Looking back on the exchanges that took place around the U.S. -- Egypt Strategic Dialogue on August 2, Secretary Kerry ultimately conceded too much to his Egyptian interlocutors. By failing to push back against implacable refusal from the Egyptian side to engage in honest discussion about countering terrorism while protecting human rights, he handed the Sisi regime the seal of approval from the United States that it was seeking.
Secretary Kerry will claim that he tried. His opening statement made repeated reference to the need for a comprehensive approach to countering the threat of terrorism that would extend far beyond security and law enforcement. He described preventing young people from turning to terror in the first place as an "even larger imperative" than security measures and emphasized the importance of "building trust between the authorities and the public, and enabling those who are critical of official policies to find a means of voicing their dissent peacefully, through participation in a political process." He pressed his hosts to embrace good governance and political reform and to ensure that the fundamental rights of its citizens are protected.
This is sound advice, but there is no indication that the Sisi government is prepared to make any steps in this direction. The U.S. government should have anticipated Egyptian recalcitrance. After all, the dialogue took place at a time when serious human rights abuses are taking place at a level unprecedented in Egypt's modern history.
Hence it was disappointing and harmful to U.S. interests when Secretary Kerry answered a question about the need for the Egyptian government to "show greater respect for human rights" with an equivocal response, saying that "it's a very difficult choice for Egypt because there is evidence of engagement in violence by certain people and certain leaders." He went on to state, in the absence of any evidence to support his assertion, that "Egypt is trying to find that balance."
To make matters worse, he went on to say that "the proof of that is going to be over the course of the next months into the election, obviously," thereby seeming to overlook the months of widespread human rights violations that have already taken place under Sisi's rule, including the killing of thousands of protesters, the detention of tens of thousands of political prisoners without regard for their legal rights, increasing reports of torture, summary disappearances, and even the death squad style killings of political opponents.
These are the practices that Secretary Kerry will be seen to have condoned by failing to state clearly that the Egyptian government is responsible for widespread violations of human rights that are detrimental to stability and security in Egypt and harmful to the bilateral relationship between the United States and Egypt.
The fact that it may be difficult to distinguish genuinely violent criminals from other detainees not implicated in acts of violence is not an excuse for disregarding the rule of law, for condoning torture, or for overlooking unfair trials. If the Egyptian authorities took the trouble to compile credible evidence of involvement in criminal activity against specific individuals instead of indiscriminately detaining thousands, they might find they had more success, and they would avoid the harm to public trust and the increased polarization that are the inevitable results of unjustly persecuting large numbers of citizens on the basis of their imputed political views.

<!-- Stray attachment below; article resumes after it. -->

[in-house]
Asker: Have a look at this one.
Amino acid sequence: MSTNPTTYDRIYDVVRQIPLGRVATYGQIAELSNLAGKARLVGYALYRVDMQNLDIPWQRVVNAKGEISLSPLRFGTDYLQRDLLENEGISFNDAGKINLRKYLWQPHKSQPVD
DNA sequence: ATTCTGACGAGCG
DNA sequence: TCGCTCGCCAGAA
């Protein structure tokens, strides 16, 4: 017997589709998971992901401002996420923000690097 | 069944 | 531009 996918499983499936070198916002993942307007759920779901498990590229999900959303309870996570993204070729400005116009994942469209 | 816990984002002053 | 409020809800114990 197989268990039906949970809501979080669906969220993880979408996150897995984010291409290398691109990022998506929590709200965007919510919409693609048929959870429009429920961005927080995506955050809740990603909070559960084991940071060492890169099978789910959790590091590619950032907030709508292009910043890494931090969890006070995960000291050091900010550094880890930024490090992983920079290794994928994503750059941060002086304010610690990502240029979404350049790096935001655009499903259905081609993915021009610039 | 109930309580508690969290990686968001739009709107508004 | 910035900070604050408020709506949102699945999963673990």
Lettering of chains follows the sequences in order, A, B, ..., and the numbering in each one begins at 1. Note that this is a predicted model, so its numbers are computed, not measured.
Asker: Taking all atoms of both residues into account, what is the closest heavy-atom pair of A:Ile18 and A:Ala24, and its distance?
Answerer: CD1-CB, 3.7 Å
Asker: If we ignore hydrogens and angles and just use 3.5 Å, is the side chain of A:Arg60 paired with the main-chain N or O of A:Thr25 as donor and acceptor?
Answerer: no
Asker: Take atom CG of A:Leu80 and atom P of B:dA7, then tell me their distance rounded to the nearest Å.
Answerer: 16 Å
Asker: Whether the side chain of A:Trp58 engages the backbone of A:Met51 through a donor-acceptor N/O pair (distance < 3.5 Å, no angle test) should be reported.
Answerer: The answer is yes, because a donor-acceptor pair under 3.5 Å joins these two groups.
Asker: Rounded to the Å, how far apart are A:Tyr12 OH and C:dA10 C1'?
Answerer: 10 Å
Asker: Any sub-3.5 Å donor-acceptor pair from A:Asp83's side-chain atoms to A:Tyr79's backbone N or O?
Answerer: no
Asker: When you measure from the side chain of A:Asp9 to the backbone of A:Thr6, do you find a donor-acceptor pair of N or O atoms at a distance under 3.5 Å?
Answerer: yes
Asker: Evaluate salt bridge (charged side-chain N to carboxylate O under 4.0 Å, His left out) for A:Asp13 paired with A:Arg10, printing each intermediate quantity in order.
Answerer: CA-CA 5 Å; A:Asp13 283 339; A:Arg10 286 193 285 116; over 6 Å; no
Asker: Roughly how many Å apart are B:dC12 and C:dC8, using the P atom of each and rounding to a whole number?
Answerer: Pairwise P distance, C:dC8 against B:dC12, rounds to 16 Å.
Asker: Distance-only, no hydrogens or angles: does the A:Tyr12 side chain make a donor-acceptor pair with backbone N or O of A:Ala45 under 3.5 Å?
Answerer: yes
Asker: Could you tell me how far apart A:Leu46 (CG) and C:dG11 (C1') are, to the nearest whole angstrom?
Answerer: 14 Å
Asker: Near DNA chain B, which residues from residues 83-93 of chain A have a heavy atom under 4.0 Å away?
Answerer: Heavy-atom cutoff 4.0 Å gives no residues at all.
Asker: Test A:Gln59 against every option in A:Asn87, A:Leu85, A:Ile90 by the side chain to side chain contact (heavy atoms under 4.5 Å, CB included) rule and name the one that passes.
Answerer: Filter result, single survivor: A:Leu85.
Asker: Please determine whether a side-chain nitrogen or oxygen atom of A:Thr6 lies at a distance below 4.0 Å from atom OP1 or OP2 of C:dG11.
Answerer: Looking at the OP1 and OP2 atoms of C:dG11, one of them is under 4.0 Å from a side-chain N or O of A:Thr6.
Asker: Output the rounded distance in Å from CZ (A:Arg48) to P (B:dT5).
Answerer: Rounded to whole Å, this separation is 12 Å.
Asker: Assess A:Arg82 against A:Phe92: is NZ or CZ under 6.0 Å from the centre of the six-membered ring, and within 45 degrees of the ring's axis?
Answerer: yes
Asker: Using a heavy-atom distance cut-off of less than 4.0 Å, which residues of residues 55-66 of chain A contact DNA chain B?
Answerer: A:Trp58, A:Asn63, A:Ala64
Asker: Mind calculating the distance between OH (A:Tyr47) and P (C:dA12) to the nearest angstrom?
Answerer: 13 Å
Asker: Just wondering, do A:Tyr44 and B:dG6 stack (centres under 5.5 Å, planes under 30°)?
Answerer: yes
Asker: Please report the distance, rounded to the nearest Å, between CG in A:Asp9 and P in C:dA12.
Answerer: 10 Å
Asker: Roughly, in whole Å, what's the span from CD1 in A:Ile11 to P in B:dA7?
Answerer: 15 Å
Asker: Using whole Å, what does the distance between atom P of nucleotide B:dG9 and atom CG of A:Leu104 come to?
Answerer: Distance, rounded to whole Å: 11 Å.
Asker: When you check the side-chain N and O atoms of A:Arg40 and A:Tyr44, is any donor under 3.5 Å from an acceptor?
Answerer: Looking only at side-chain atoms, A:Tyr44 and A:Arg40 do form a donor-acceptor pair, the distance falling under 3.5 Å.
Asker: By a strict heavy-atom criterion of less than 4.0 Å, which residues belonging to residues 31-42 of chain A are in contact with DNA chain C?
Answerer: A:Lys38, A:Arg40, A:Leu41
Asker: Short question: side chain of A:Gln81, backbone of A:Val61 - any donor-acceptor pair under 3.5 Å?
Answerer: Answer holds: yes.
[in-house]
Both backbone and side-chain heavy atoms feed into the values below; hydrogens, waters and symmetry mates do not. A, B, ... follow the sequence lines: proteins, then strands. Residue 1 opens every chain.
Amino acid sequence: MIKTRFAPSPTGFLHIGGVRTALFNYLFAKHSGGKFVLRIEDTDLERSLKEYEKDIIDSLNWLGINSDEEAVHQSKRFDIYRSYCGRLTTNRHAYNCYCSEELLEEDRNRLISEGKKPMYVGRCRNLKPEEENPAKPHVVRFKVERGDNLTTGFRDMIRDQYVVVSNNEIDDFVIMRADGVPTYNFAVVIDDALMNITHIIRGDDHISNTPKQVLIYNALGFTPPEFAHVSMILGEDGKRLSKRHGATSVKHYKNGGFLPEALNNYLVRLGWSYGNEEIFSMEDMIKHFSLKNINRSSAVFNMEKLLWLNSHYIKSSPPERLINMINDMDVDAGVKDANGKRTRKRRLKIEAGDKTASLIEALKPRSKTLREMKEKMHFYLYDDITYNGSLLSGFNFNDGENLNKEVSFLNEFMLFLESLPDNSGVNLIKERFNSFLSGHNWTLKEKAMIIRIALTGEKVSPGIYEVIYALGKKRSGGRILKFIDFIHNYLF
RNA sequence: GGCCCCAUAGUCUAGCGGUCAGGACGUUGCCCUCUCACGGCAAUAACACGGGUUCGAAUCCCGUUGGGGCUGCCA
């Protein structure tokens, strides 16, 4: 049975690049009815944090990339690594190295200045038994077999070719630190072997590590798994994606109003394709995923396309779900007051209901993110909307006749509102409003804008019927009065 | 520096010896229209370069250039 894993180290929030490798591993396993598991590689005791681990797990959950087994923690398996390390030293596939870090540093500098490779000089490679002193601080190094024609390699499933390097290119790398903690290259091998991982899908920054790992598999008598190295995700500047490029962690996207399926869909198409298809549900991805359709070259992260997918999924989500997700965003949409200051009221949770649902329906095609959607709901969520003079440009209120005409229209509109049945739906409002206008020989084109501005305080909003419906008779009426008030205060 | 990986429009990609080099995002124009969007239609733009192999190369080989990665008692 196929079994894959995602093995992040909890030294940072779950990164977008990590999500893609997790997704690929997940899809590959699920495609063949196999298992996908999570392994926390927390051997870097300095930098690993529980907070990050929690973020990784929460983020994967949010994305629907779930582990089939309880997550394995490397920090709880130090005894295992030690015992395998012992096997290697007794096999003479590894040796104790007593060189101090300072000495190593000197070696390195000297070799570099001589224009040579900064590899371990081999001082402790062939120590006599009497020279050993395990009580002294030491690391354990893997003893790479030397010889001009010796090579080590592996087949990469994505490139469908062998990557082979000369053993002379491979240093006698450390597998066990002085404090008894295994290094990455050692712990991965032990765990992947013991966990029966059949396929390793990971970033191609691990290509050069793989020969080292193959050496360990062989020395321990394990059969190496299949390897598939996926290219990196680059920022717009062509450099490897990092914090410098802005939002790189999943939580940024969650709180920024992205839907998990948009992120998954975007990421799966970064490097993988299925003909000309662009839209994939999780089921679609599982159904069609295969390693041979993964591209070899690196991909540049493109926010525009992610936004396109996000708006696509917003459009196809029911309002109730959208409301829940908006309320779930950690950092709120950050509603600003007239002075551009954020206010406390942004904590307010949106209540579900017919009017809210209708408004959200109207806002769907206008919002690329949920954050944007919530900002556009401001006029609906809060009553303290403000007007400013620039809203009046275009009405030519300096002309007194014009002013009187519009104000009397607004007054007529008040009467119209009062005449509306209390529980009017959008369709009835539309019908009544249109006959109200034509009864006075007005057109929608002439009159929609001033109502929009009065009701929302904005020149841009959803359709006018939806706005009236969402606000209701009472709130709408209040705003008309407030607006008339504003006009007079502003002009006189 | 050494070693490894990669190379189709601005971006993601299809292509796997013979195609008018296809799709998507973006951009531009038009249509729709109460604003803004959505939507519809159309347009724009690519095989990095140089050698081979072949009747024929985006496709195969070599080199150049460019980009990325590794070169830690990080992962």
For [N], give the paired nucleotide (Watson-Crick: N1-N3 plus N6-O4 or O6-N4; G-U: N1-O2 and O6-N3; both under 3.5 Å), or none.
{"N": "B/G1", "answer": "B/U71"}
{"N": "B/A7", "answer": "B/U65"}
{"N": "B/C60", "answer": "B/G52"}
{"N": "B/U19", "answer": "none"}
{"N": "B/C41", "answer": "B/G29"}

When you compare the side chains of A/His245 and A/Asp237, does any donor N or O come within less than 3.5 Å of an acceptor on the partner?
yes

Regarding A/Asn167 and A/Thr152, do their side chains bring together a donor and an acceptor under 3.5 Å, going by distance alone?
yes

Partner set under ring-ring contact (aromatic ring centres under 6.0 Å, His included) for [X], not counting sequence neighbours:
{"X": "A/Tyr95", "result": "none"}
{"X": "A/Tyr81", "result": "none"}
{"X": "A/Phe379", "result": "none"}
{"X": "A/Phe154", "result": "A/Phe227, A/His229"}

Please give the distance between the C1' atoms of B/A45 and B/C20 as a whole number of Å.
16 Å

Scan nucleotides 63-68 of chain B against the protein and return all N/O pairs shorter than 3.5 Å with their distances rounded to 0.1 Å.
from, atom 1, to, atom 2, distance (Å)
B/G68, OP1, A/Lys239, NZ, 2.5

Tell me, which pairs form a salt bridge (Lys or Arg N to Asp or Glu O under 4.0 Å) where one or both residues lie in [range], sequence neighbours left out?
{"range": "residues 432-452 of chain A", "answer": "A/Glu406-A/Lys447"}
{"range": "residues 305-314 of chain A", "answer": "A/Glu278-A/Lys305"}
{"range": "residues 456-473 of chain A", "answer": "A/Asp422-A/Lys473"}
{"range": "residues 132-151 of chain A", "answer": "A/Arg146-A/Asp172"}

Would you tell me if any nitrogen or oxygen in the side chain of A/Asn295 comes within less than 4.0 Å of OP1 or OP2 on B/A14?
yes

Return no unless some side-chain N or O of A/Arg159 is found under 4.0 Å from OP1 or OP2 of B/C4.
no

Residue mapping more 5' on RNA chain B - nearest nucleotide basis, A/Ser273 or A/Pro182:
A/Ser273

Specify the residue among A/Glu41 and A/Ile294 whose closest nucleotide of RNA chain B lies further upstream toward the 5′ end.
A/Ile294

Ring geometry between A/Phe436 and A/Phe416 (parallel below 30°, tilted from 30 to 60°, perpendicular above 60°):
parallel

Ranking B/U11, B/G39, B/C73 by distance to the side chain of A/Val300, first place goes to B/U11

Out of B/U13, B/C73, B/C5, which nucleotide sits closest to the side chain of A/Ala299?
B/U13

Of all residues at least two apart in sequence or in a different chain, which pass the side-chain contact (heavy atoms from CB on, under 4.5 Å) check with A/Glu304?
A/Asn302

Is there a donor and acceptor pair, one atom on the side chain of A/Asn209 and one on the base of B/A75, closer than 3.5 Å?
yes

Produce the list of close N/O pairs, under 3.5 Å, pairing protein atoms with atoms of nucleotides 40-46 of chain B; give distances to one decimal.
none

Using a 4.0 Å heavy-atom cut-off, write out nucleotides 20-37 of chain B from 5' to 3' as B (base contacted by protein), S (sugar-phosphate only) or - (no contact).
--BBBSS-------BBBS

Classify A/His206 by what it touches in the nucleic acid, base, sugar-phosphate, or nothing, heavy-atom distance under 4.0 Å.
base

Secretary Kerry was also wrong to suggest that holding elections will demonstrate the Egyptian government's intentions to show greater respect for human rights. Elections were held regularly under President Mubarak and were neither free nor fair. Now much of the political opposition is already in jail and opposition political parties are in disarray. Sisi will have no problem arranging for his supporters to win parliamentary elections in such conditions, but they will contribute nothing to ending the alarming cycle of violence nor contribute to much needed national reconciliation.
The Egyptian government's response to criticisms of its human rights record has been one of brazen denial. Immediately prior to Secretary Kerry's unfortunate response to the human rights question at the press conference, his Egyptian Counterpart, Foreign Minister Sameh Shoukry, had asserted in the face of evidence to the contrary that Secretary Kerry would certainly have been aware of, that "none of the [18 journalists identified by the Committee to Protect Journalists] are in prison or facing a judicial process related to their professional journalism, but are accused of implication with terrorist activity...They are all in the state of due process by a judicial competent authority and are afforded all forms of defense." Shoukry went on to boast about "the ability and competence" of Egypt's legal and judicial system. U.S. officials, including Secretary Kerry have, with good reason, questioned the actions of the Egyptian judiciary on several occasions over the last two years, but, by failing to push back against Minister Shoukry's baseless assertions, he gave them credence.
If Secretary Kerry and the U.S. government are serious about promoting and protecting human rights as an essential part of effective security and counterterrorism policy, as Secretary Kerry eloquently set forth in his introductory remarks about "the imperative nexus between human rights and security," then surely they must be ready to speak clearly and openly about Egyptian polices that run directly counter to this approach. By failing to publicly push back against Minister Shoukry's blithe dismissals of human rights concerns, the United States is not building trust with its ally; it is abetting the Egyptian government in its disastrous policies that are fueling political violence and divisions and undermining prospects for long-term stability in Egypt.